Faculty Colloquium: Nicholas R. Parrillo (Yale)

This event occurred in the past

Faculty Colloquium: Nicholas R. Parrillo (Yale)

This event occurred in the past

Date and Time

  • Friday, October 2, 2020 from 12:00 p.m. to 1:00 p.m.

Location

Zoom

5998 Alcala Park San Diego, CA 92110

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0

Details

Nicholas R. Parrillo
Professor of Law, Yale Law School 

Professor Parrillo's principal field is administrative law, and he also studies remedies, legislation, and American legal history. He is a specialist on the role of law in the practical workings of bureaucratic power. He was commissioned by the Administrative Conference of the United States to study how the federal government's ubiquitous but controversial use of guidance documents—which the public often has a strong incentive to follow though they are not binding law—can be appropriately managed. The resulting research, published in part as "Federal Agency Guidance and the Power to Bind," provided the empirical basis for the Conference's new best practices on guidance, resulted in Parrillo testifying as an expert on the subject before Congress (video), and was the focal point for an online symposium on the subject. Parrillo is also the author of the first general assessment of how the judiciary practically handles the federal government's disobedience to court orders, "The Endgame of Administrative Law: Governmental Disobedience and the Judicial Contempt Power," published in the Harvard Law Review. Parrillo's book, Against the Profit Motive: The Salary Revolution in American Government, 1780-1940 (New Haven: Yale University Press, 2013), received the Annual Scholarship Award of the ABA Section on Administrative Law for the year's best book or article on administrative law, as well as the Hurst Prize of the Law and Society Association for the year’s best book on legal history. The book shows how American lawmakers remade governance by shifting public officers’ monetary compensation away from profit-seeking arrangements—such as fees-for-service and bounties—and toward fixed salaries. (Read the book's introductory chapter. Watch a talk about the book.) His article “Leviathan and Interpretive Revolution: The Administrative State, the Judiciary, and the Rise of Legislative History, 1890-1950” appeared in the Yale Law Journal and received the Cromwell Article Prize of the American Society for Legal History for the year’s best article on American legal history by an early-career scholar. Parrillo is a recipient of Yale Law School's annual teaching award, which is conferred by Yale Law Women according to a competitive vote of the student body. He is one of forty public members of the Administrative Conference of the United States. He holds a secondary appointment at Yale as Professor of History.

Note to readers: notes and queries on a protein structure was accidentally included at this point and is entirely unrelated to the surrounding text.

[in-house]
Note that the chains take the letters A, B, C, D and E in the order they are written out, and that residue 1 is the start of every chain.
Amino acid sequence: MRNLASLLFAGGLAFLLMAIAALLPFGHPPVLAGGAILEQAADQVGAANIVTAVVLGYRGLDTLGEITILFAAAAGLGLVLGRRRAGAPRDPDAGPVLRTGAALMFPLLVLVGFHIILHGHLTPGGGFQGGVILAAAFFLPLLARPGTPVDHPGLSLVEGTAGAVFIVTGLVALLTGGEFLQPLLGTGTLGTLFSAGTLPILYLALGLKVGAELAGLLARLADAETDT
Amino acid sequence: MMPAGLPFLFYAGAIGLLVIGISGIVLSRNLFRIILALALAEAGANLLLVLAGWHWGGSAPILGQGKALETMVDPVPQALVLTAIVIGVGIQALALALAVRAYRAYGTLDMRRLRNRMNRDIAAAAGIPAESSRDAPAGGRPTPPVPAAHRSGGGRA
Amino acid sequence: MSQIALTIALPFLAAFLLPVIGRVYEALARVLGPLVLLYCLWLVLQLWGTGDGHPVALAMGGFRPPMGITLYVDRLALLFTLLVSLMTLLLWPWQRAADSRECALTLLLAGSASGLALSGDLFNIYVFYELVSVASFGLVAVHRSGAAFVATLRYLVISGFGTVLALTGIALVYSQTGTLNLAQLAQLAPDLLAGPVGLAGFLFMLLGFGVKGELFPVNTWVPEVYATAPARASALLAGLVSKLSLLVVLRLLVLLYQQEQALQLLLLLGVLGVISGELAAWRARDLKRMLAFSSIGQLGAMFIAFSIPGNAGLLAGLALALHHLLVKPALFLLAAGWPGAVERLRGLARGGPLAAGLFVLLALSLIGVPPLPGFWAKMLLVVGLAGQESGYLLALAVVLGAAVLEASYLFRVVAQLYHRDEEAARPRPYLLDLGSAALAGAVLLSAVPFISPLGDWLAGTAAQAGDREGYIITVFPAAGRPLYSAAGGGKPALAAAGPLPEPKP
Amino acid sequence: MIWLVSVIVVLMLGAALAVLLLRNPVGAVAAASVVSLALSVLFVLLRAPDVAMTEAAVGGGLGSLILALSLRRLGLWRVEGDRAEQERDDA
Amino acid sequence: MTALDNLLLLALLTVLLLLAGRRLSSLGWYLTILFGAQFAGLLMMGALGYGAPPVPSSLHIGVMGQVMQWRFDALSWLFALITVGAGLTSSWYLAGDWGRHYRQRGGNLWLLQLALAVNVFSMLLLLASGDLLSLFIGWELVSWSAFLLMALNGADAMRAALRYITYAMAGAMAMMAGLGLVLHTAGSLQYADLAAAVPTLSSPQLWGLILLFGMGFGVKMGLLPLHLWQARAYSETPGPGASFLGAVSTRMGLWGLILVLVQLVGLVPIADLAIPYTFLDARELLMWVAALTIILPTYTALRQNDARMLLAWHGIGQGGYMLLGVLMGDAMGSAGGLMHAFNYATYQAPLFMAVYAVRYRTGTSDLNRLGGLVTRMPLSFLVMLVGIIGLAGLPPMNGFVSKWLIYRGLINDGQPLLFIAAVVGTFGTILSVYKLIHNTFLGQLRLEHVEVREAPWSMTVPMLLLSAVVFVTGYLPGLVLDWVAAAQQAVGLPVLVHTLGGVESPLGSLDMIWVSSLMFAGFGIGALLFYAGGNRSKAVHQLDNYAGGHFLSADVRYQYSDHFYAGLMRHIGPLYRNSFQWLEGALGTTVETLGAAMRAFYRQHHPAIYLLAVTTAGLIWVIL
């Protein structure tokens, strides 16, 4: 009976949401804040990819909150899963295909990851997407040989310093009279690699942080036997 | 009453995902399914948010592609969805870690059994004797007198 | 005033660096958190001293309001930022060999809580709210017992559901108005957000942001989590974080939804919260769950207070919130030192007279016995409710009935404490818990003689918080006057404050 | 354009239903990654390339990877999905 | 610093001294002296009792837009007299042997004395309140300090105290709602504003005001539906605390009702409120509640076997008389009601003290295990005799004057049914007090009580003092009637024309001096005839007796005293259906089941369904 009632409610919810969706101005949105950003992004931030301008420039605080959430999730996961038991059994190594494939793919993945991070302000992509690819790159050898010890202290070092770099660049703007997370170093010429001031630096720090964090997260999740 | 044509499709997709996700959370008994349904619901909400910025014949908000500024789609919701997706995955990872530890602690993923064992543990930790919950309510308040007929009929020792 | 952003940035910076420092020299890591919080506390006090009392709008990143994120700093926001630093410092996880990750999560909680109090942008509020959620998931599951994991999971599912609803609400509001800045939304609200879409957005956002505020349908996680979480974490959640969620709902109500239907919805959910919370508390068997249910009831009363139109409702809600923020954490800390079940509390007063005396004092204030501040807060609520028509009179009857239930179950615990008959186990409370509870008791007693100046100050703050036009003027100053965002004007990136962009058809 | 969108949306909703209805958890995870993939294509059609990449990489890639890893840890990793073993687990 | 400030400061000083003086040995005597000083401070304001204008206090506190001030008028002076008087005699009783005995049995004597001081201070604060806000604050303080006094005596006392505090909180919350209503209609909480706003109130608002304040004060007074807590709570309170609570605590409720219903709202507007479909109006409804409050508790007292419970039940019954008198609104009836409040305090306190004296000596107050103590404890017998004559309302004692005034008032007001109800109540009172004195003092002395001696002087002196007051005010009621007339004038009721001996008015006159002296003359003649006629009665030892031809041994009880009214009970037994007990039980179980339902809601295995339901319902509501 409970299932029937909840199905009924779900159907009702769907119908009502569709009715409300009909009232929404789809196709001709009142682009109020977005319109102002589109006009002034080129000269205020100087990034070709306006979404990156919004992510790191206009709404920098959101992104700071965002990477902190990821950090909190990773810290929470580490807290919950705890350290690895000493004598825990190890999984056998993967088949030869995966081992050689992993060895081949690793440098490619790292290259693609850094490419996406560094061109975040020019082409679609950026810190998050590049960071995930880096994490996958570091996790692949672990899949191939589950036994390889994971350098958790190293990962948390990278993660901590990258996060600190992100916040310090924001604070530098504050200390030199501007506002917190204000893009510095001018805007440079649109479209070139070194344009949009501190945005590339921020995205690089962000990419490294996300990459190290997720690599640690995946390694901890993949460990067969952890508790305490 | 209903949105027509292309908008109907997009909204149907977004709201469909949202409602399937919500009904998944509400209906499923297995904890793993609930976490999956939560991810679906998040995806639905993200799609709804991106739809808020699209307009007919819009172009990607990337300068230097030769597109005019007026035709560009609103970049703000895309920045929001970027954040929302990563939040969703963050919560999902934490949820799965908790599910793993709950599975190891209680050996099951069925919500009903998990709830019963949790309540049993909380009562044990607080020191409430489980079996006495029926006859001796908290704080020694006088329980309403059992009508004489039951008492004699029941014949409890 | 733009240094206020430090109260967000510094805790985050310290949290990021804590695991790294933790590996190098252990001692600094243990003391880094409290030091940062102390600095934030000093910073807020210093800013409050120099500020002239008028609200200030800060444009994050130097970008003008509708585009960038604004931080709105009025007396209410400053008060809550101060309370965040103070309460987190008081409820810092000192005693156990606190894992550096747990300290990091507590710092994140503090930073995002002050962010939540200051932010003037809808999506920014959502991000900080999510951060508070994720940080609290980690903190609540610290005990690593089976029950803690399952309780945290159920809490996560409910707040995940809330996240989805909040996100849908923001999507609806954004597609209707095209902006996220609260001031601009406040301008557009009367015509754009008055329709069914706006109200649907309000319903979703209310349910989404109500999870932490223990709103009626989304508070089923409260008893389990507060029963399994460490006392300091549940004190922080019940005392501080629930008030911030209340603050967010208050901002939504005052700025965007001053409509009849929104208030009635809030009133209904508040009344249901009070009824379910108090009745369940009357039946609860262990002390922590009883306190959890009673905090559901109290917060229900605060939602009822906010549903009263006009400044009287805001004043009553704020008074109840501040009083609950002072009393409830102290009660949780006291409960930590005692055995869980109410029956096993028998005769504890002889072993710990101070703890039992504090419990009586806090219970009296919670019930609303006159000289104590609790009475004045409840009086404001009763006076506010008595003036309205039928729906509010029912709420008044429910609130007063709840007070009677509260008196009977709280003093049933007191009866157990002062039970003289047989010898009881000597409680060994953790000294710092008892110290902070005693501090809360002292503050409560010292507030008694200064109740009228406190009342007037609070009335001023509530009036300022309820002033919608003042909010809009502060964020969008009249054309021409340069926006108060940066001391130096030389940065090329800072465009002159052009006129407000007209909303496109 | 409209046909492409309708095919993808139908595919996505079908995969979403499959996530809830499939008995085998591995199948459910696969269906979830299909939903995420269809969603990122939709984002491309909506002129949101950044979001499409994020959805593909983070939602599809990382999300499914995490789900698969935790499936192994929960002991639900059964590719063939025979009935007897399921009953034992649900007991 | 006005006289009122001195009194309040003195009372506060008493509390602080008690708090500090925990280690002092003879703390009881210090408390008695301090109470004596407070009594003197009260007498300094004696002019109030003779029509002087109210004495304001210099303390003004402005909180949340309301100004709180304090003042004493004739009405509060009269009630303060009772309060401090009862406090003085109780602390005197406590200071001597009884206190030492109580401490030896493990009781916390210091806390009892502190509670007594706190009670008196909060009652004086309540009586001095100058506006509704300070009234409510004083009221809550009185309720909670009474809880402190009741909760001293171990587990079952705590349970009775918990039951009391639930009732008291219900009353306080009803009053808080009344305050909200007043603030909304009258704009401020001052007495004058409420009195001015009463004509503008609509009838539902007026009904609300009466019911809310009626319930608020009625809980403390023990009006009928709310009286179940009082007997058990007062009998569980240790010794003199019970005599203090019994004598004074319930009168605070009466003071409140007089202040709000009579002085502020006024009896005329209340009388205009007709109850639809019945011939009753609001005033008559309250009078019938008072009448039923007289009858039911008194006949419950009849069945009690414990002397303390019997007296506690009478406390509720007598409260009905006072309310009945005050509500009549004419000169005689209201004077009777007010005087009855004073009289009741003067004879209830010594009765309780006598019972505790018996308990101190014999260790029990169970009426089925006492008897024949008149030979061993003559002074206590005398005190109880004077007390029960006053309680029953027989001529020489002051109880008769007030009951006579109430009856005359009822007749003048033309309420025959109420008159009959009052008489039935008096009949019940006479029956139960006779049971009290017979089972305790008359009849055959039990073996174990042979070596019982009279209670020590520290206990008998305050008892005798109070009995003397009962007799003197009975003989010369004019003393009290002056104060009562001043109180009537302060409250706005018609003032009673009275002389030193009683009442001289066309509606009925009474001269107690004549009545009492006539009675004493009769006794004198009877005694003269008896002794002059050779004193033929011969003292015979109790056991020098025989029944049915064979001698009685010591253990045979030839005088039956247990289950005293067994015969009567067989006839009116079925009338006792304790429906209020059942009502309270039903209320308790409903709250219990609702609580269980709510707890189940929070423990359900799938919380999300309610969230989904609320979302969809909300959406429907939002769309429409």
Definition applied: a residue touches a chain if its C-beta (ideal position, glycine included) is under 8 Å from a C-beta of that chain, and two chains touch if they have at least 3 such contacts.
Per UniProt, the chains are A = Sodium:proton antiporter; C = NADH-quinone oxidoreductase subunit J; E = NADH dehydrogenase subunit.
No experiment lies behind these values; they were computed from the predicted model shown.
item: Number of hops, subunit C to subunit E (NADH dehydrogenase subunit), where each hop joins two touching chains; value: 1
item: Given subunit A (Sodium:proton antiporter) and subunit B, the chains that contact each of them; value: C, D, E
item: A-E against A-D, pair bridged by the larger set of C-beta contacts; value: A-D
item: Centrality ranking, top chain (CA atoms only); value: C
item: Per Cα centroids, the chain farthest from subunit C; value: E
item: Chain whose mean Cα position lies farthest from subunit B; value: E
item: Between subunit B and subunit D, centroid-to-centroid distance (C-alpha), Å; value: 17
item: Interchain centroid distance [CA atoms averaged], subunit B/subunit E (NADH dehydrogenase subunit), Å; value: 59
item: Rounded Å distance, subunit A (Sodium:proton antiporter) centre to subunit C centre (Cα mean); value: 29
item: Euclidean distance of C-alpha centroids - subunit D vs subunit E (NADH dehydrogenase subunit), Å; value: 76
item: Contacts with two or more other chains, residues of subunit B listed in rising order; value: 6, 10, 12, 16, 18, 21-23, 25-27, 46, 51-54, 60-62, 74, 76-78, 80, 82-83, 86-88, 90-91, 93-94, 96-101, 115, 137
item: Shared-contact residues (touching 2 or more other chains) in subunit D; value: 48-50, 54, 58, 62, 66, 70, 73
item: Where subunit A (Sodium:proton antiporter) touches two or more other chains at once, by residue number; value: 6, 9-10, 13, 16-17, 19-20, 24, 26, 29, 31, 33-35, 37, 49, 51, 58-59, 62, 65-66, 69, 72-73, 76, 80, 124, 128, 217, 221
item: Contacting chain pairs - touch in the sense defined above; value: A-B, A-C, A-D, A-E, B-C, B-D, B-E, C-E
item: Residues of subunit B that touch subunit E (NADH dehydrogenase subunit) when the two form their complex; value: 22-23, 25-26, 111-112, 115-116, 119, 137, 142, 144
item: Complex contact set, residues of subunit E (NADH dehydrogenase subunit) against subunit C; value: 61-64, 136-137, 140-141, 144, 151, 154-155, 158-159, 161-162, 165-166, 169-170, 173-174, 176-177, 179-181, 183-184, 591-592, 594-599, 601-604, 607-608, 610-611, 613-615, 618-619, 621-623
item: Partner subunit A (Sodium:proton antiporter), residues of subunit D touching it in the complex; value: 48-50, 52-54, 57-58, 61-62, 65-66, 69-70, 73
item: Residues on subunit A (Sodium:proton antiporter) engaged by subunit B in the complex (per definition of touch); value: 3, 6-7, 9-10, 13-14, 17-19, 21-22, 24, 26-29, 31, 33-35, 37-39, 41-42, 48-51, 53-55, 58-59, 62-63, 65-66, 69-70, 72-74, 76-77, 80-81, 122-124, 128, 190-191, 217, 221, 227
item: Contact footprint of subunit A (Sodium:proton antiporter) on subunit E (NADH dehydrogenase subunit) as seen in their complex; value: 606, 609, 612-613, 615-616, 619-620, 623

Ph.D. (American Studies), Yale University, 2012
J.D., Yale Law School, 2004
A.B., Harvard University, 2000

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